in the first case the extraction method depends on the chemistry of the target compound,for example; if you aim to isolate alkaloids you can perform acid base extraction, if you aim to isolate hydrocarbons, non oxygenated terpenes or sterols you can carry out saponification of the least polar extract (hexane). for oxygenated terpenes the chloroform extract is suitable. the ethyl acetate extract contains a large variety of compounds, the butanol extract contains polar compounds like saponins.
meanwhile miscellaneous examples can happen
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Hi, I am doing derivatization of luteolin (standard) for GCMS analysis. My derivatization reagent is BSTFA and TMCS (99:1 ratio). I tried diferent temperature (60, 70,80,110) and time (15min, 30min,45min,60min), but still cannot find my luteotin. Can anyone give me any suggetstions?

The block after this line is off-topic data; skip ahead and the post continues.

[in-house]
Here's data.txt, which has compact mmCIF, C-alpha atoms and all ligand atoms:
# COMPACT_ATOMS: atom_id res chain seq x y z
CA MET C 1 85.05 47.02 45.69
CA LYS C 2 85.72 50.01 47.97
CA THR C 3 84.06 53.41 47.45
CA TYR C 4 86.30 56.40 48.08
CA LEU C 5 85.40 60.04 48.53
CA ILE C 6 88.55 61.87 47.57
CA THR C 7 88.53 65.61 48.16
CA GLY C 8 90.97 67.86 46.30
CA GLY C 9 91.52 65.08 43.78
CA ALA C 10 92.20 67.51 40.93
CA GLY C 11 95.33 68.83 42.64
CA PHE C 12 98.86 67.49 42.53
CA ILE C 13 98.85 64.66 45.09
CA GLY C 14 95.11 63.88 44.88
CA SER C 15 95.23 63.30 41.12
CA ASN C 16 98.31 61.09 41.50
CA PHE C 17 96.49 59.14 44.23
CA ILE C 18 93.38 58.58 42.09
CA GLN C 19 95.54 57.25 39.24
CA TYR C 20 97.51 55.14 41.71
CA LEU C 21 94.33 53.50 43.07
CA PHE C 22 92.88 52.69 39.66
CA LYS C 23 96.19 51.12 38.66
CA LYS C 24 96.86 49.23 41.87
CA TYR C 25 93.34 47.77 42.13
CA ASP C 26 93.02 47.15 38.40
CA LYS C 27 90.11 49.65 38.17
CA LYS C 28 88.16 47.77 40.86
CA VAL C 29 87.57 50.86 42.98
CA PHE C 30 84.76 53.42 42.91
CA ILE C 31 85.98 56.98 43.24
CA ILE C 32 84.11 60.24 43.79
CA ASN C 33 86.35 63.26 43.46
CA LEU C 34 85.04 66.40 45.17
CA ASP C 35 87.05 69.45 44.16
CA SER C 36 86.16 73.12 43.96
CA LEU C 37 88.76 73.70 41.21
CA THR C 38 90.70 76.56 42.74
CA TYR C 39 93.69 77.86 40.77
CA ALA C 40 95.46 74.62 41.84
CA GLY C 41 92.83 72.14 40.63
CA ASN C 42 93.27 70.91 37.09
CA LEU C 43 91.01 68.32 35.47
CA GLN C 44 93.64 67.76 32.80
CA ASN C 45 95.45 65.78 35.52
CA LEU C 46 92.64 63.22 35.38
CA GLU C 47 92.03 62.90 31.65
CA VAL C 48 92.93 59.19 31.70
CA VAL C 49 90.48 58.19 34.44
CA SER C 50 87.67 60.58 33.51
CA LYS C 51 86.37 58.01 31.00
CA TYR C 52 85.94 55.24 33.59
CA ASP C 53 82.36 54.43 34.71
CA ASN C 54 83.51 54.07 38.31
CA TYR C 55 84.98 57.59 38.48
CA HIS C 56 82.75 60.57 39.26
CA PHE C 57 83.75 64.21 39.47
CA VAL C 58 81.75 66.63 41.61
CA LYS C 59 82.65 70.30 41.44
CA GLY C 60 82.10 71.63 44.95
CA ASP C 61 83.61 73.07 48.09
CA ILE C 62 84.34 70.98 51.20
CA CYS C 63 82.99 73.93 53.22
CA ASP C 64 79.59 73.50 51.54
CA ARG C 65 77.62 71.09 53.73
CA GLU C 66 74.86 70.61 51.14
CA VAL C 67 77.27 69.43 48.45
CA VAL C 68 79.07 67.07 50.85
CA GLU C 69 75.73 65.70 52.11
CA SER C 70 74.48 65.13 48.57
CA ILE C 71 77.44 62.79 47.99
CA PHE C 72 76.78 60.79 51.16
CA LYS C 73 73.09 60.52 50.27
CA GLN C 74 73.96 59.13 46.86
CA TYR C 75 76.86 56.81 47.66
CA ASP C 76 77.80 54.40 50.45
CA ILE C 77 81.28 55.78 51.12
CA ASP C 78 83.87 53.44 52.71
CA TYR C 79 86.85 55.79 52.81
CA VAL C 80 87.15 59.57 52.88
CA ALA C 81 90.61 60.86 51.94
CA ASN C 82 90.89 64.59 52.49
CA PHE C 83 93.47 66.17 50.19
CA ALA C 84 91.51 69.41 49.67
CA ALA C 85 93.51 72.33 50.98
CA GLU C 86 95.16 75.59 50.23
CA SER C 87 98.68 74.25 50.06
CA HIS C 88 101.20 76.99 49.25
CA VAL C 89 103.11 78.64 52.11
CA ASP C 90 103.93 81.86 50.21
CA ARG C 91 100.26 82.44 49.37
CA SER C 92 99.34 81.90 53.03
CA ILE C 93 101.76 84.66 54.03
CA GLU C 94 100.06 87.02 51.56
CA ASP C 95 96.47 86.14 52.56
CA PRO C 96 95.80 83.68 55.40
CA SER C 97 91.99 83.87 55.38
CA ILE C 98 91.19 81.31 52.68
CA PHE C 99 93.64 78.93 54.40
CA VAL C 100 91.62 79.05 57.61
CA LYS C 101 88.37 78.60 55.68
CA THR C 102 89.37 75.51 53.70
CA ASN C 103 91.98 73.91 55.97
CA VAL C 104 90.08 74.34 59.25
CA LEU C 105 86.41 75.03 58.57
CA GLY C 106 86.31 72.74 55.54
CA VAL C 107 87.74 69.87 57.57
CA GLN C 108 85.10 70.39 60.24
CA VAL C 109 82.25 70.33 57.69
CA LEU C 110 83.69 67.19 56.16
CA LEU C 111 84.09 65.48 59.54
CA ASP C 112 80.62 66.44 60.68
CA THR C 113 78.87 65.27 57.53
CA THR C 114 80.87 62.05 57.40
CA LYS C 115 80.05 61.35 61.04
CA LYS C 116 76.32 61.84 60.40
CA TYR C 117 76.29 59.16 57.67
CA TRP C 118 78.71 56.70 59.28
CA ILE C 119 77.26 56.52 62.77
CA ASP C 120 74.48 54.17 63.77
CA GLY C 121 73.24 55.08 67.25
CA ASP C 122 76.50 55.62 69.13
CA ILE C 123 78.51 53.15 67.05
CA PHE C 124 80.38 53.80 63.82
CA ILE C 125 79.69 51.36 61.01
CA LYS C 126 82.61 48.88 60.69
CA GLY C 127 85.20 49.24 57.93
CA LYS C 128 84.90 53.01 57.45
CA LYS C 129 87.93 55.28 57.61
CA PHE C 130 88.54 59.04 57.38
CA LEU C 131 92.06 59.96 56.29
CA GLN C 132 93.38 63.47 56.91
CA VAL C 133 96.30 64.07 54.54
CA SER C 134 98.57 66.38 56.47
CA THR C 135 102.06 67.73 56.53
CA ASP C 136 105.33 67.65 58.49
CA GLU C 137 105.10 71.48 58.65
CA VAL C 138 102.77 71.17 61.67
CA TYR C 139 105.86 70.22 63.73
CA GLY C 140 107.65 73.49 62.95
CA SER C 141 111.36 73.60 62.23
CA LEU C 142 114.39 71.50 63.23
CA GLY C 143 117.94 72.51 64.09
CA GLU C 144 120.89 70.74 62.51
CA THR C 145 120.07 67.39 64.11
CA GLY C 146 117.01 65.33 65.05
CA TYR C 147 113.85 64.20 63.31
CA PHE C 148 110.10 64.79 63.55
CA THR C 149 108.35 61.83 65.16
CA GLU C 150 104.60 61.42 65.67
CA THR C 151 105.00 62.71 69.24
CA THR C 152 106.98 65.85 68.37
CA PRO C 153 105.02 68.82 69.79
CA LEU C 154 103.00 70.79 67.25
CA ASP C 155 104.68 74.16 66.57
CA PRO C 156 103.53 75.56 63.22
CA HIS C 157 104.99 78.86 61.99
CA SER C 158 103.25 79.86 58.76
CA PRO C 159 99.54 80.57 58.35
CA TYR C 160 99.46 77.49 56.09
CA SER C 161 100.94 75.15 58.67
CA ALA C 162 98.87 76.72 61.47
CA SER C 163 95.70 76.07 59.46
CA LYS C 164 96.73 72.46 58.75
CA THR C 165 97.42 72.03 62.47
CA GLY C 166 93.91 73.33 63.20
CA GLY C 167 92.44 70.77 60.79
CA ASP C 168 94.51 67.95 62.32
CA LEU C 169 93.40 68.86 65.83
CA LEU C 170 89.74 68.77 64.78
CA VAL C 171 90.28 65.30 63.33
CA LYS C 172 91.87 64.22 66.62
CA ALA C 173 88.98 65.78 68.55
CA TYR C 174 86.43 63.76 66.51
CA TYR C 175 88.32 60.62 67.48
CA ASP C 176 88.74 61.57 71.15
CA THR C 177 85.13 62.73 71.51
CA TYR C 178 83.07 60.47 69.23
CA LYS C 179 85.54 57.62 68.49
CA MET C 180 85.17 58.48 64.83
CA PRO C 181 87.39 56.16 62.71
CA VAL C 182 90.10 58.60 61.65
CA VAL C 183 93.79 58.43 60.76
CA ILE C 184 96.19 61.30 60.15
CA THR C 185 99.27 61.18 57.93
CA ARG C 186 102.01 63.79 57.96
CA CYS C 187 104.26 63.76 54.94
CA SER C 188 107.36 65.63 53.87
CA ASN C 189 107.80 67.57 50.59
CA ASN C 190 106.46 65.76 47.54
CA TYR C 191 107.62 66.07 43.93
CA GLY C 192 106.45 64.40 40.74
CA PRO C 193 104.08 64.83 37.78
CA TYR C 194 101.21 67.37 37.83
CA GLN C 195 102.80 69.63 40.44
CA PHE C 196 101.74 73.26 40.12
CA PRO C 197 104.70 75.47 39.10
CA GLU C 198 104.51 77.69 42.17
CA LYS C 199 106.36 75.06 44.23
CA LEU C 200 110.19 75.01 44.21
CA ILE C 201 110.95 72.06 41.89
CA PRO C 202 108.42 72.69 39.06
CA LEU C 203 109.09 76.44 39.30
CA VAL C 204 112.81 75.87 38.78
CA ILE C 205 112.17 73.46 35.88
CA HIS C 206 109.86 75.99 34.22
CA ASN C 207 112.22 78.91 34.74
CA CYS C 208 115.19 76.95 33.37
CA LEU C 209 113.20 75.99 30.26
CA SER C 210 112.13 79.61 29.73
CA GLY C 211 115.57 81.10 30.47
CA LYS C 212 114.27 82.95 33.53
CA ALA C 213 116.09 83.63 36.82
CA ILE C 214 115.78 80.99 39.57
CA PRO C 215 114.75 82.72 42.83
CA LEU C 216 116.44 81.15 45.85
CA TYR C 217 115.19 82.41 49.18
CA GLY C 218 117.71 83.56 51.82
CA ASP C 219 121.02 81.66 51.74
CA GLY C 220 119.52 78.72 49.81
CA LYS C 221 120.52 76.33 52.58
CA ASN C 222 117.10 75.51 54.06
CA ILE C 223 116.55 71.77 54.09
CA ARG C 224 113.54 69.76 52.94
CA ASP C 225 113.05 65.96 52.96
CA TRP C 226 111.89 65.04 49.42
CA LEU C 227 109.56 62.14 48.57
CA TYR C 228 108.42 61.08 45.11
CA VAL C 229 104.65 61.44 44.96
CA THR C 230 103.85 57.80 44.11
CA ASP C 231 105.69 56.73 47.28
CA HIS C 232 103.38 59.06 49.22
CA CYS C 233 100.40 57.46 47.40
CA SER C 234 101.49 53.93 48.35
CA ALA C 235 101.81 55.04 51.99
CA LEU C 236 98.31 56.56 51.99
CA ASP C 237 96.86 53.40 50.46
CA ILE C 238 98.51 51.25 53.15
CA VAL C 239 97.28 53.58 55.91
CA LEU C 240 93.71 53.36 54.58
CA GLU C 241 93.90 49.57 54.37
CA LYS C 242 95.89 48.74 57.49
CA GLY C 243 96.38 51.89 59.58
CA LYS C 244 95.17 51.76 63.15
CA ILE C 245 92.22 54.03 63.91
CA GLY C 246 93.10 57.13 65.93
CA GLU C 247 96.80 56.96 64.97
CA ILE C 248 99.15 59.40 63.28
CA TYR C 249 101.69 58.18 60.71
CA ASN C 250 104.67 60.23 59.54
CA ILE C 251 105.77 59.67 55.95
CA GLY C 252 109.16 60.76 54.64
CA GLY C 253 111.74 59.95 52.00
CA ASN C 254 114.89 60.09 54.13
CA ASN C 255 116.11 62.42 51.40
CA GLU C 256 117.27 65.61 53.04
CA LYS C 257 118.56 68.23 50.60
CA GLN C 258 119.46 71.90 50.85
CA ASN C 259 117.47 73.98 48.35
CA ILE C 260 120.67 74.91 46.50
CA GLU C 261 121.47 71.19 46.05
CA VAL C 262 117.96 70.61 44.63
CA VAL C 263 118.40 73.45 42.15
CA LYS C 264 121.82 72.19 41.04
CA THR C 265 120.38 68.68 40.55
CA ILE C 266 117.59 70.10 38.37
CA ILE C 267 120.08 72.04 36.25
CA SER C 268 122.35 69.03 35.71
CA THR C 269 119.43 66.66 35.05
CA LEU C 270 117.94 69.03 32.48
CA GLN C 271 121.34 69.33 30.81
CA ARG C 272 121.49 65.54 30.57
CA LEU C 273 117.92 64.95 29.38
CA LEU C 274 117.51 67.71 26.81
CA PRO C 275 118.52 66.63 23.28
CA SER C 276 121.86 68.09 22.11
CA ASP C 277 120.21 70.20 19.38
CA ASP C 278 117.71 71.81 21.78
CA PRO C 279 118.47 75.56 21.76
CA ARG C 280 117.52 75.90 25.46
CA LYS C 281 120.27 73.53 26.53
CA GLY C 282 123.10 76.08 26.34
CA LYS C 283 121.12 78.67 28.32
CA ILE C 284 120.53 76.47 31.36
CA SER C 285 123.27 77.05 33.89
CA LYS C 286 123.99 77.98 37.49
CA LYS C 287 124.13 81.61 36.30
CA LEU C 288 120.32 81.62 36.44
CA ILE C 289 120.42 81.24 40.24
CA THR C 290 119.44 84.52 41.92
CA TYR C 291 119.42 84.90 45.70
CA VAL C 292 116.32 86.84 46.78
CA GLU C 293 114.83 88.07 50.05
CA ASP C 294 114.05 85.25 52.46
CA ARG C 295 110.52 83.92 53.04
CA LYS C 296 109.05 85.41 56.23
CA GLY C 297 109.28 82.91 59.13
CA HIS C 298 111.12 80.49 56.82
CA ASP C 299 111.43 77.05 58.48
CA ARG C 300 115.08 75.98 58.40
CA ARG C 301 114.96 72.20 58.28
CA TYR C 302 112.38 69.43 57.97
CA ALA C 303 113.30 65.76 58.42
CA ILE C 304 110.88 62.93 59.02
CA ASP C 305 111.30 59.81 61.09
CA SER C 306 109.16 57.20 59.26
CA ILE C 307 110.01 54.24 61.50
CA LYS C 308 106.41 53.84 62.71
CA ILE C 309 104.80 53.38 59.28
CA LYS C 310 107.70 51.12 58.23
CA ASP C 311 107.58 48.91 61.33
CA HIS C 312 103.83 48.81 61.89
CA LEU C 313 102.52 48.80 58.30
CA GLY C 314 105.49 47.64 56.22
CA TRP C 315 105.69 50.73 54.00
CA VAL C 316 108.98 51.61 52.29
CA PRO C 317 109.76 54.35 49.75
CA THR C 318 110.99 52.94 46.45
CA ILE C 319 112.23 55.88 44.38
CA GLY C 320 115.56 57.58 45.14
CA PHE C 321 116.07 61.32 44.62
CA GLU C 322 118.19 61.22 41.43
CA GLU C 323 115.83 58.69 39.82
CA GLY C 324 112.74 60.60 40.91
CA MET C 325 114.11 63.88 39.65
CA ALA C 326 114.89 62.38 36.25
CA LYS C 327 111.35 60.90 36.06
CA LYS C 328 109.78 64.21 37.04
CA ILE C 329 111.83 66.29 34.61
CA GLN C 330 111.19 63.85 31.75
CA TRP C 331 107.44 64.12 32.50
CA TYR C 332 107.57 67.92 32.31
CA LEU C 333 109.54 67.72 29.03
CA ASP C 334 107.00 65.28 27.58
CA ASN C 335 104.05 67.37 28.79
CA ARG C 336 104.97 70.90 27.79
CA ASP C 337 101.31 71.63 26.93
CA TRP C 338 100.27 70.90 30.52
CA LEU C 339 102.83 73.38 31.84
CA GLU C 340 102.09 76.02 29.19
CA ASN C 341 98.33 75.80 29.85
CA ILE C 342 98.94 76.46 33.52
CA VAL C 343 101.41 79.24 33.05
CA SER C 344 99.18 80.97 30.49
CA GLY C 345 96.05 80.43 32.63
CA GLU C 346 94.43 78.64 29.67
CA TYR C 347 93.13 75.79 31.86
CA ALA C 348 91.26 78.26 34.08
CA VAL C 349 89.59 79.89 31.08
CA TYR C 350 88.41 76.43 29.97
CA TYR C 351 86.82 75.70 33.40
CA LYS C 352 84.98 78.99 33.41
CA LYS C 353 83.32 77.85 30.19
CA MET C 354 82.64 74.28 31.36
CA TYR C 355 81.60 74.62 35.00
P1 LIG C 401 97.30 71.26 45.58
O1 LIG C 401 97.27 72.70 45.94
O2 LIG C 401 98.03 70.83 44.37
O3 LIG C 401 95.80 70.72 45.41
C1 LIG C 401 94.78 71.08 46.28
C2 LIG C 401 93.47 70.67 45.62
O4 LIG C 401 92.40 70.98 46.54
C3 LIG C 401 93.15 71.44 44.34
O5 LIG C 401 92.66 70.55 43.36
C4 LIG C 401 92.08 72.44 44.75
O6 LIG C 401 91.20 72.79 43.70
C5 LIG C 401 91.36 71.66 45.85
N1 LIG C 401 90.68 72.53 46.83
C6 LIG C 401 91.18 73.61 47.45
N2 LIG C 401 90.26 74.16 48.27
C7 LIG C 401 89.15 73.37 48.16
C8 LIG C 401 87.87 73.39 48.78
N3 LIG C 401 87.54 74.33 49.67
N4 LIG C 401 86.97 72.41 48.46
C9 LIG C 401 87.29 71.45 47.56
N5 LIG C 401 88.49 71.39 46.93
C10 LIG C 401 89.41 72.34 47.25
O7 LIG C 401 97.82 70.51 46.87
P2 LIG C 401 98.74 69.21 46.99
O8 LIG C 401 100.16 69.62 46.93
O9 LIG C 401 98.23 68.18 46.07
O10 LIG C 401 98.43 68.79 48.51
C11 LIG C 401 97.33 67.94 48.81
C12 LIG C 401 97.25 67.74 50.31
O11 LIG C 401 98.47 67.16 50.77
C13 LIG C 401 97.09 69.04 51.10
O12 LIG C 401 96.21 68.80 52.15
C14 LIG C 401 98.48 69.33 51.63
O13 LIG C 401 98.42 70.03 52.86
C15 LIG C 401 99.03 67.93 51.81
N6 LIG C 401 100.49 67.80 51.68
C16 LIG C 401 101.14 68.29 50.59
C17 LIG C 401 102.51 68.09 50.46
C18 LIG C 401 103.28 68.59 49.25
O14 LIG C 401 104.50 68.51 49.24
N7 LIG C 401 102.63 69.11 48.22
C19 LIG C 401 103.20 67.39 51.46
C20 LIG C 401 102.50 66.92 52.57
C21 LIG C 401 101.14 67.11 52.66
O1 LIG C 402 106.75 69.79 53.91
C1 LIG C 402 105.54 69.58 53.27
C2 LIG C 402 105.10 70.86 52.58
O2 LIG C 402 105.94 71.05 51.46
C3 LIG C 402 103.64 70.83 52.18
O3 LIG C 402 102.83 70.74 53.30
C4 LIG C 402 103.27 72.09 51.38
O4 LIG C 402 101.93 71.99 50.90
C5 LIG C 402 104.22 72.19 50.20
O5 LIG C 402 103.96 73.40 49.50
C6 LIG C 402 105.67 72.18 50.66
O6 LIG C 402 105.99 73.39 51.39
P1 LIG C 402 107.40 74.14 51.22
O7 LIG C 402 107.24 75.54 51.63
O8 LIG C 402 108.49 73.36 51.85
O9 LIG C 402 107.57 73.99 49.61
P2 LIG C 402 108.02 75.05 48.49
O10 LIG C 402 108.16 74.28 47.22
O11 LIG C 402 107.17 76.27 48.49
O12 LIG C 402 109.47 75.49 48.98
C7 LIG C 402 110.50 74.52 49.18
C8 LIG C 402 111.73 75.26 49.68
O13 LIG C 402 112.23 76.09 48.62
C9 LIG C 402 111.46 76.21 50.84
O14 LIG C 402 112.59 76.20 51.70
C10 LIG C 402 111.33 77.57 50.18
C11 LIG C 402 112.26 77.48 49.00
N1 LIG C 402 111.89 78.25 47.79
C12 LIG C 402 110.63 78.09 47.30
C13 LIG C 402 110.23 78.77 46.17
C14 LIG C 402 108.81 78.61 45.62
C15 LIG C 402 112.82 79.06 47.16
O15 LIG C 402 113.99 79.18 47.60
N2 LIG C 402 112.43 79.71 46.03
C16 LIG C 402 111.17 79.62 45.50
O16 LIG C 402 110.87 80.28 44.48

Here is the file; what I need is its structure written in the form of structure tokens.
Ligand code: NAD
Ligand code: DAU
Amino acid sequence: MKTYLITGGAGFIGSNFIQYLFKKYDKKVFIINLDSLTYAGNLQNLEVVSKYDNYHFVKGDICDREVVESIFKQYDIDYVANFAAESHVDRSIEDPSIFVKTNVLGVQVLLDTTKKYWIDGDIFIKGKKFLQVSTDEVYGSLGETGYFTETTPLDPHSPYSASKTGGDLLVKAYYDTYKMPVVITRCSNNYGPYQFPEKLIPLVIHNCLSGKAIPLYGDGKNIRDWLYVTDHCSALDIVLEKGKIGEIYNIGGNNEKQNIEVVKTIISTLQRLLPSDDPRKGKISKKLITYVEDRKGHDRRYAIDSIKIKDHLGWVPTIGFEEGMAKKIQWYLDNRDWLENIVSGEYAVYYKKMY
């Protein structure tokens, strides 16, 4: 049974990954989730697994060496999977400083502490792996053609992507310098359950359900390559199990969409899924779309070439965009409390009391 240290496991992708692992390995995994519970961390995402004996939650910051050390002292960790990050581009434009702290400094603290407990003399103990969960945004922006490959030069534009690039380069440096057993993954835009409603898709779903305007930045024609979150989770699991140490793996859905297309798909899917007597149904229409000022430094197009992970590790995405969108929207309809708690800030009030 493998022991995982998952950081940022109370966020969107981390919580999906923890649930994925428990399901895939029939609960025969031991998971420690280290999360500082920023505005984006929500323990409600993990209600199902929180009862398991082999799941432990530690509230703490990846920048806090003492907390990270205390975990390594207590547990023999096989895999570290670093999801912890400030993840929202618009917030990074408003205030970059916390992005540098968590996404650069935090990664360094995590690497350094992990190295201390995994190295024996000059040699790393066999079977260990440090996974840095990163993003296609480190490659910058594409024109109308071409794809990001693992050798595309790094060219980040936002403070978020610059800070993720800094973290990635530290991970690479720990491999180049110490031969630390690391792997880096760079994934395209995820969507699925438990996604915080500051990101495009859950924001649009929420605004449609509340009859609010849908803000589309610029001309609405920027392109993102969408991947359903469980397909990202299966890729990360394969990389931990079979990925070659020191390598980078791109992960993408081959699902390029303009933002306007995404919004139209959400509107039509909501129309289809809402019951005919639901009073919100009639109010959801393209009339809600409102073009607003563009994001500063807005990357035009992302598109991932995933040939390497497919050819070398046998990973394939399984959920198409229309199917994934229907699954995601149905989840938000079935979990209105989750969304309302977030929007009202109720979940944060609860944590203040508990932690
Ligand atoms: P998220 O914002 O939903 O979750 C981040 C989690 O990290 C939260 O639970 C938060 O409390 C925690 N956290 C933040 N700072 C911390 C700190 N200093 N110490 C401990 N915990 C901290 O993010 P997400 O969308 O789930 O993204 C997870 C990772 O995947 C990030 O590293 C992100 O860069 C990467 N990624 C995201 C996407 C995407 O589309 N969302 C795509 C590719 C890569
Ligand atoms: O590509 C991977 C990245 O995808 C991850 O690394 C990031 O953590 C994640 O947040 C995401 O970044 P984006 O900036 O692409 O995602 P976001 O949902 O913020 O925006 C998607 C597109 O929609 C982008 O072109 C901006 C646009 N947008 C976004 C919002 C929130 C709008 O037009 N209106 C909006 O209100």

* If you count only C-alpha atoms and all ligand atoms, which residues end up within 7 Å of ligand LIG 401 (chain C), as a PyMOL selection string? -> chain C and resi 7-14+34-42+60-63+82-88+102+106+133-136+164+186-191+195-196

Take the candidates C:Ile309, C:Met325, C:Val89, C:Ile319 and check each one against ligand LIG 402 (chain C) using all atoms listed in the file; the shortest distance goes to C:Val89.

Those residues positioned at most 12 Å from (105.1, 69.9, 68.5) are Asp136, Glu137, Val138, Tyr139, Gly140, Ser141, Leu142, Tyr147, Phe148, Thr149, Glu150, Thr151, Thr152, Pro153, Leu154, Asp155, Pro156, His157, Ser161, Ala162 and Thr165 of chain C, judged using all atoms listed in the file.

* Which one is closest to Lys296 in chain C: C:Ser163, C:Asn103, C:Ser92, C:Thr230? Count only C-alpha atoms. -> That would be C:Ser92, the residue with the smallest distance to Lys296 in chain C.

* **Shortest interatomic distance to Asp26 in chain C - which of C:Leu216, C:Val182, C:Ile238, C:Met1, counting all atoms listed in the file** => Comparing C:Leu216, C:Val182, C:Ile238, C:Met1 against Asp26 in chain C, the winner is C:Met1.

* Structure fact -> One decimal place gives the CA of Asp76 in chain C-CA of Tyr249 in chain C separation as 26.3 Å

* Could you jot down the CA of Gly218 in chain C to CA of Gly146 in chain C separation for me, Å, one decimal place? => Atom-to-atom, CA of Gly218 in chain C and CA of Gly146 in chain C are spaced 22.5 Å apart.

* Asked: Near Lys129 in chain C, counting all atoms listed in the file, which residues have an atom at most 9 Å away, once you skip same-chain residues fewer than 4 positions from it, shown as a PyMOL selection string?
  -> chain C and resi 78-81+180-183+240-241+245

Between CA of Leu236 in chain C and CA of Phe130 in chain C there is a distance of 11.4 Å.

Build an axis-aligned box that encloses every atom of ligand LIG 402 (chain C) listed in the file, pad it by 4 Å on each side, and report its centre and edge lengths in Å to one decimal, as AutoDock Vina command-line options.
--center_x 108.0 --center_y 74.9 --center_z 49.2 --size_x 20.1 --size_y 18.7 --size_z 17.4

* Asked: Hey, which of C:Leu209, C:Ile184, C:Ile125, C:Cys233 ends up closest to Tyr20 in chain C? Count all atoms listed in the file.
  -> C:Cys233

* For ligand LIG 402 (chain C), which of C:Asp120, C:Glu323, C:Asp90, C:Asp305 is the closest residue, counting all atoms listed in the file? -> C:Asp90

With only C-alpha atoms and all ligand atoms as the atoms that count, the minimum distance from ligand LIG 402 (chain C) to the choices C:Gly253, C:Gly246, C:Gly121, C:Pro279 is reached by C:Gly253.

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I tried as well this way (derivatization with BSTFA wih GC-MS analysis) of kaempferol, myricetin, syringetine. I think it's not a problem of derivatization but analysis choice. I never succeed to see these derivatized flavonoids.
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I am doing derivatization of  different flavonoids (Quercetin, morin, rutin, luteolin, apigenin-7- glucoside, luteolin-7-glucosie, catechin, taxifolin) using BSTFA and TMCS reagent (99:1 ratio) for GC/MS analysis. However I got always a peak which does not correspond to my flavonoid analyte, where the NIST library identifies it as fatty acid.